Forty-three students from five high schools across Maine will experience college life today at Bowdoin. The "Aspirations" program that brought them here is designed to encourage high school students to pursue a college education.
Youth and Education Coordinator of the McKeen Center for the Common Good Jessica Horstkotte '08 and McKeen Fellow Mark Bellis '10 are the two coordinators of "Aspirations," which began in 2005.
"Though admissions helps us organize the day, there's a distinction between what we do and the recruiting admissions does," Horstkotte said. "['Aspirations'] is more of a general sort of thing. We aren't necessarily trying to sell Bowdoin."
"It's more about getting them to consider college. We see it as a community outreach program and just getting students onto a college campus," she said.
Bellis echoed the importance of raising awareness about higher education.
"One of the biggest indicators of whether a student goes to college is if he or she sees what a college looks like," he said.
In previous years, Bowdoin hosted one day of "Aspirations." However, with increasing interest in the program, there will be an additional day in the spring for 50 high school students in Maine to see and experience what college is like.
"I was contacted by guidance counselors who wanted to find out how to get involved. Clearly, the guidance counselors think it's a valuable service," said Horstkotte.
High school guidance counselors determine who participates in "Aspirations." All of the selected students are freshmen, so that they have an ample amount of time following their visit to consider college as a future option.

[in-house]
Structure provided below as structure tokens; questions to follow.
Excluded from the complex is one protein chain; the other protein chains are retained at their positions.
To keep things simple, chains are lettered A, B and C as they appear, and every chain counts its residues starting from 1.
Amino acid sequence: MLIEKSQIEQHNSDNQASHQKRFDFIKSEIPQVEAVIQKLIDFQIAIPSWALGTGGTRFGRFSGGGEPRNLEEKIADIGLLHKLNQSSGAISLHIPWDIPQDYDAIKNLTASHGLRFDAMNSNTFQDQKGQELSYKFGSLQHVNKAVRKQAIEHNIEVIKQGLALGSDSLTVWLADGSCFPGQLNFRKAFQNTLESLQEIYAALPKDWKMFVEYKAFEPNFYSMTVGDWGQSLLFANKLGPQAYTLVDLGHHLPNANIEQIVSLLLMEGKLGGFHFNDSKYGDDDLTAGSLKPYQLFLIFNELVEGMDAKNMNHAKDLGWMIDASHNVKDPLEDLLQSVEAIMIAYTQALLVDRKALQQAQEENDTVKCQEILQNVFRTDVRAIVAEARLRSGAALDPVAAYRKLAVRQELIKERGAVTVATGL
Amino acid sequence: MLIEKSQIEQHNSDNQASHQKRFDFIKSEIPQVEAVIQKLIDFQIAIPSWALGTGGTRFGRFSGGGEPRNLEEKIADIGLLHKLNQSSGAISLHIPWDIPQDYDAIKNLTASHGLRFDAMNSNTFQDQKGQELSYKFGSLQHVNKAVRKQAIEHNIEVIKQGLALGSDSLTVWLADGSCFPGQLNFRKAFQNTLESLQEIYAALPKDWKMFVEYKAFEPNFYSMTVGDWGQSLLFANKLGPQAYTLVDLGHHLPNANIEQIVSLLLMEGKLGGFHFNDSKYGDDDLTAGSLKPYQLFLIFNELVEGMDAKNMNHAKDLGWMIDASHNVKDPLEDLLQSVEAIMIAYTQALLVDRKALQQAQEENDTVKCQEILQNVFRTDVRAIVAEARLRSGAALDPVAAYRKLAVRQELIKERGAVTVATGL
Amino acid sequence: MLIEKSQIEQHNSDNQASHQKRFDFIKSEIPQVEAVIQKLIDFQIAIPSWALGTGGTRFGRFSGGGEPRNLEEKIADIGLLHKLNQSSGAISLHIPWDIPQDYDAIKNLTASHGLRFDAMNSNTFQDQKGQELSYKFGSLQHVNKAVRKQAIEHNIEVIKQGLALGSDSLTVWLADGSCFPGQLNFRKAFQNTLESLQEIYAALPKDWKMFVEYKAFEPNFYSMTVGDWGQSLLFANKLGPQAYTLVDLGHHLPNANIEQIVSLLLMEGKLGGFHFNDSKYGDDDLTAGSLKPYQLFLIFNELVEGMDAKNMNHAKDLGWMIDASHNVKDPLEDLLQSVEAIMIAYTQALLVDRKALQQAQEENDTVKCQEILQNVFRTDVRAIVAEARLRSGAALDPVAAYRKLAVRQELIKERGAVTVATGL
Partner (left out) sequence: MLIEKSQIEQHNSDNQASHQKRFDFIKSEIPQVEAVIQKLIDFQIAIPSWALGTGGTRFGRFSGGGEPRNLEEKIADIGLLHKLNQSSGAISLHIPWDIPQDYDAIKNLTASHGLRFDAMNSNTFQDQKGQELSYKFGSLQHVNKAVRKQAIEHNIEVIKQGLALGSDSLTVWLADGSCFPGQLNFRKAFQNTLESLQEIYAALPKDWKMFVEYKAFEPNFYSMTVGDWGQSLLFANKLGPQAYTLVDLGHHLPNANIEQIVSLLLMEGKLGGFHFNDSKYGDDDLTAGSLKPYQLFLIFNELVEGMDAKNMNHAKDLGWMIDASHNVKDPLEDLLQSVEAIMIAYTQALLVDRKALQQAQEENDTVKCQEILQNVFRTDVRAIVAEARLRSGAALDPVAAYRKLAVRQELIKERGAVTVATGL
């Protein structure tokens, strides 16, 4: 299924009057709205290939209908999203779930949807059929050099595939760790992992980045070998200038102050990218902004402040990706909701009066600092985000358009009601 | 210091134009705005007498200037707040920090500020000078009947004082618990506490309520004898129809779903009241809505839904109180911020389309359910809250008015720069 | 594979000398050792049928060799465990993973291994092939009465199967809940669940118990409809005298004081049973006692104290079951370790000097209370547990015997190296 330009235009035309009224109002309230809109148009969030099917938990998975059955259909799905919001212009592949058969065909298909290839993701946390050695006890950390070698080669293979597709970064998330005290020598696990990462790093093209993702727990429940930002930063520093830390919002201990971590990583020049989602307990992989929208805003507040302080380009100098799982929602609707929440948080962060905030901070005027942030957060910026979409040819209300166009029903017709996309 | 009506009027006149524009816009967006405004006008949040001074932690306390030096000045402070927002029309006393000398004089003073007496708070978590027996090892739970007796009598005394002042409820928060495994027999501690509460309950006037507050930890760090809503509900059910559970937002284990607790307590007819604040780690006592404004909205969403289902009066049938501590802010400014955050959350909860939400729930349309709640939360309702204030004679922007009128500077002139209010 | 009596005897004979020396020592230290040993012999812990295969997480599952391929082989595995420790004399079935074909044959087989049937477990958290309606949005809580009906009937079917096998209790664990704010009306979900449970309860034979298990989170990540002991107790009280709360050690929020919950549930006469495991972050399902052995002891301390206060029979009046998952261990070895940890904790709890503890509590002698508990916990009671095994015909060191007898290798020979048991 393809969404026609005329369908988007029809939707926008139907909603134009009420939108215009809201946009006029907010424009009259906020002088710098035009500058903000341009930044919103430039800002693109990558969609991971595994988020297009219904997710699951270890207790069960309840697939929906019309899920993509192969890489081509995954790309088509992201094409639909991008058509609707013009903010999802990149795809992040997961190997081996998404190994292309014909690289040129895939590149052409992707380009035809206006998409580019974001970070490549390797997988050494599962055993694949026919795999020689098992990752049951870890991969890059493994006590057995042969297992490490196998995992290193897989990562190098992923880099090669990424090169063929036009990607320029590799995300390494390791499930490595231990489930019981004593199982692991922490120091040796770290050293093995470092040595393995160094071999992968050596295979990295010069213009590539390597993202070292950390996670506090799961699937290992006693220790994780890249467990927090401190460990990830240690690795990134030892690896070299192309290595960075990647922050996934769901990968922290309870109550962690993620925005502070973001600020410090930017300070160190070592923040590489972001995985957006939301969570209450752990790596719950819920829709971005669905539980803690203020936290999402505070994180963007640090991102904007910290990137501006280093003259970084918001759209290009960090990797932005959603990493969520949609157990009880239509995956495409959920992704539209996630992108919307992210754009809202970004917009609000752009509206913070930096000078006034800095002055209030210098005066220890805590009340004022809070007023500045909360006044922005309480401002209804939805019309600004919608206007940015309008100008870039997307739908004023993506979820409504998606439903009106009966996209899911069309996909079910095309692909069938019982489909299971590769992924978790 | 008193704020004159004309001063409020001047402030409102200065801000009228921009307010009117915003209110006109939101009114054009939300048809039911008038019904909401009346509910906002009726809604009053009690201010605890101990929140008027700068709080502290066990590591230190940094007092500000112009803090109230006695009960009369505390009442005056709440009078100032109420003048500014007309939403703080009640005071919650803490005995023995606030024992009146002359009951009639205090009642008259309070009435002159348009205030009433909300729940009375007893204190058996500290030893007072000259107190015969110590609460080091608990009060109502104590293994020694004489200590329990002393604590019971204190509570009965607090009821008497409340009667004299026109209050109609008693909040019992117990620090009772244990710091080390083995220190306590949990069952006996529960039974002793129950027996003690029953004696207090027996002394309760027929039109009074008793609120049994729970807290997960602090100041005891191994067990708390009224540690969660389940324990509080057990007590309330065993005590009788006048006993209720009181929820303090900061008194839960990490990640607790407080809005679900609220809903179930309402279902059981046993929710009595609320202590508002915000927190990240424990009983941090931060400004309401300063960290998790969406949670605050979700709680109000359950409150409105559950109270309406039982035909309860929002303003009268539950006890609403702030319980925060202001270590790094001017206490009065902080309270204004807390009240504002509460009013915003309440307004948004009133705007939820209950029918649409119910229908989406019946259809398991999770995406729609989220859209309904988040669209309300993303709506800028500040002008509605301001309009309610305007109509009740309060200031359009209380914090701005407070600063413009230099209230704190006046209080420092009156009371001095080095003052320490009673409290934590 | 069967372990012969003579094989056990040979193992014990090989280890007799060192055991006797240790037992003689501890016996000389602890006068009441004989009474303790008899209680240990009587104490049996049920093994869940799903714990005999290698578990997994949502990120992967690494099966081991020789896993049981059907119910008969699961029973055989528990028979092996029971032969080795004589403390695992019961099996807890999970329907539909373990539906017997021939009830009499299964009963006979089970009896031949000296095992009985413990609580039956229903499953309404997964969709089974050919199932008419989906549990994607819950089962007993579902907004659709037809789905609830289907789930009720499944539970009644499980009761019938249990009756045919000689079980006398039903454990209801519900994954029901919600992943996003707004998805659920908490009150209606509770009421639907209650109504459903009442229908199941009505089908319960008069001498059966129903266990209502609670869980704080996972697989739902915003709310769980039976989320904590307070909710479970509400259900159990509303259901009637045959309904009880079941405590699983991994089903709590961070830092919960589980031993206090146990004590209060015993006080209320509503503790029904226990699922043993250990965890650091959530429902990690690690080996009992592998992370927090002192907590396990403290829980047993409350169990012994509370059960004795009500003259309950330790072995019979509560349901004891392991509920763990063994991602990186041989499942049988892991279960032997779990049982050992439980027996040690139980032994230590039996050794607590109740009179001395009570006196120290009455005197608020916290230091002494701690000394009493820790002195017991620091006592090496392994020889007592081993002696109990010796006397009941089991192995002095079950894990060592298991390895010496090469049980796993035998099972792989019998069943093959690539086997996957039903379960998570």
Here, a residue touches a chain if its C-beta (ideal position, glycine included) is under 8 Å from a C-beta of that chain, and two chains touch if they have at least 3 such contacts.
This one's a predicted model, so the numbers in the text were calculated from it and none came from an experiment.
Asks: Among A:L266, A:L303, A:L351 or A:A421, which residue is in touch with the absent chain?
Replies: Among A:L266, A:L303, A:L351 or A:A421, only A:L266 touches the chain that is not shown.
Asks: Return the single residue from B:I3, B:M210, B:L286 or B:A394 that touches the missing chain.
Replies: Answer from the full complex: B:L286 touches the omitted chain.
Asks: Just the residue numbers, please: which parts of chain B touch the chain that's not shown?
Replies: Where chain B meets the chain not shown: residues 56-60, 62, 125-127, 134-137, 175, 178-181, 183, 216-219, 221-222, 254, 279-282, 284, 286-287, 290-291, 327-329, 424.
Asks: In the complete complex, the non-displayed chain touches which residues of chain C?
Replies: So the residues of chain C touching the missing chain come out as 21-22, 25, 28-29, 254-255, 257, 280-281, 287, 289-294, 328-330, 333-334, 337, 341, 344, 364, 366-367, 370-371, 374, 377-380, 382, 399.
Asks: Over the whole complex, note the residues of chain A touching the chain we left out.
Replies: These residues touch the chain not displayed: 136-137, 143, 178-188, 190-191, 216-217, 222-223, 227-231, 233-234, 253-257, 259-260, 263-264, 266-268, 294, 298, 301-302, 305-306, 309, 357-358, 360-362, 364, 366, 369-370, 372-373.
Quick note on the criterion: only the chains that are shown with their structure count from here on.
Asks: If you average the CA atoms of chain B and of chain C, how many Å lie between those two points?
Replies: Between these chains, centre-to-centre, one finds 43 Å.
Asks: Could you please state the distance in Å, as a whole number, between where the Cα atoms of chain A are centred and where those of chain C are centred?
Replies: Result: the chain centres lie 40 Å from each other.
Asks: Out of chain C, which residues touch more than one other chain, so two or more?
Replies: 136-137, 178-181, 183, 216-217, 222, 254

Bellis said that the high school students may, for example, be chosen on the basis of a perceived lack of interest in college.
"More often than not, your high-achieving students are already planning to go to college," he said.
According to Bellis, the participants will have a busy day at Bowdoin.
Upon arrival, the students will be paired with a host, one of 28 Bowdoin student volunteers. Last year, there were 41 hosts for the 73 students who attended "Aspirations."
"The types of people who have agreed to help us out aren't necessarily those who have done community service or mentoring projects before," Bellis said. "One of the things I hope to improve is to get different types of people involved."
Bowdoin students will work closely with the high school students when they arrive today, as student involvement is an integral part of the program's success.
"We won't assign more than two high school students to one Bowdoin student," said Horstkotte. "We try to make it as one-on-one as possible."
"Aspirations" will try to follow the natural flow of a typical day at Bowdoin, "as opposed to a rigid structure," said Bellis.
Depending on the schedule of their hosts, students may experience a class at Bowdoin as well as up to three faculty lectures, which Horstkotte called mini-workshops.
"We've received great support from the faculty members here at Bowdoin. They're volunteering their time, and are more than happy to show their labs and photography studios or lead mini-discussions that we think the kids would be interested in participating in," Horstkotte said.
The high school students will also watch a demonstration by the RoboCup team.
"We always try to incorporate one or two extracurricular kinds of things into the day," Horstkotte said.
The day will conclude with financial aid and admissions talks, as well as a panel discussion. Director of Student Life Allen DeLong will moderate the panel of five Bowdoin students from Maine who will share their experiences as Maine residents who continued on to college in their home state.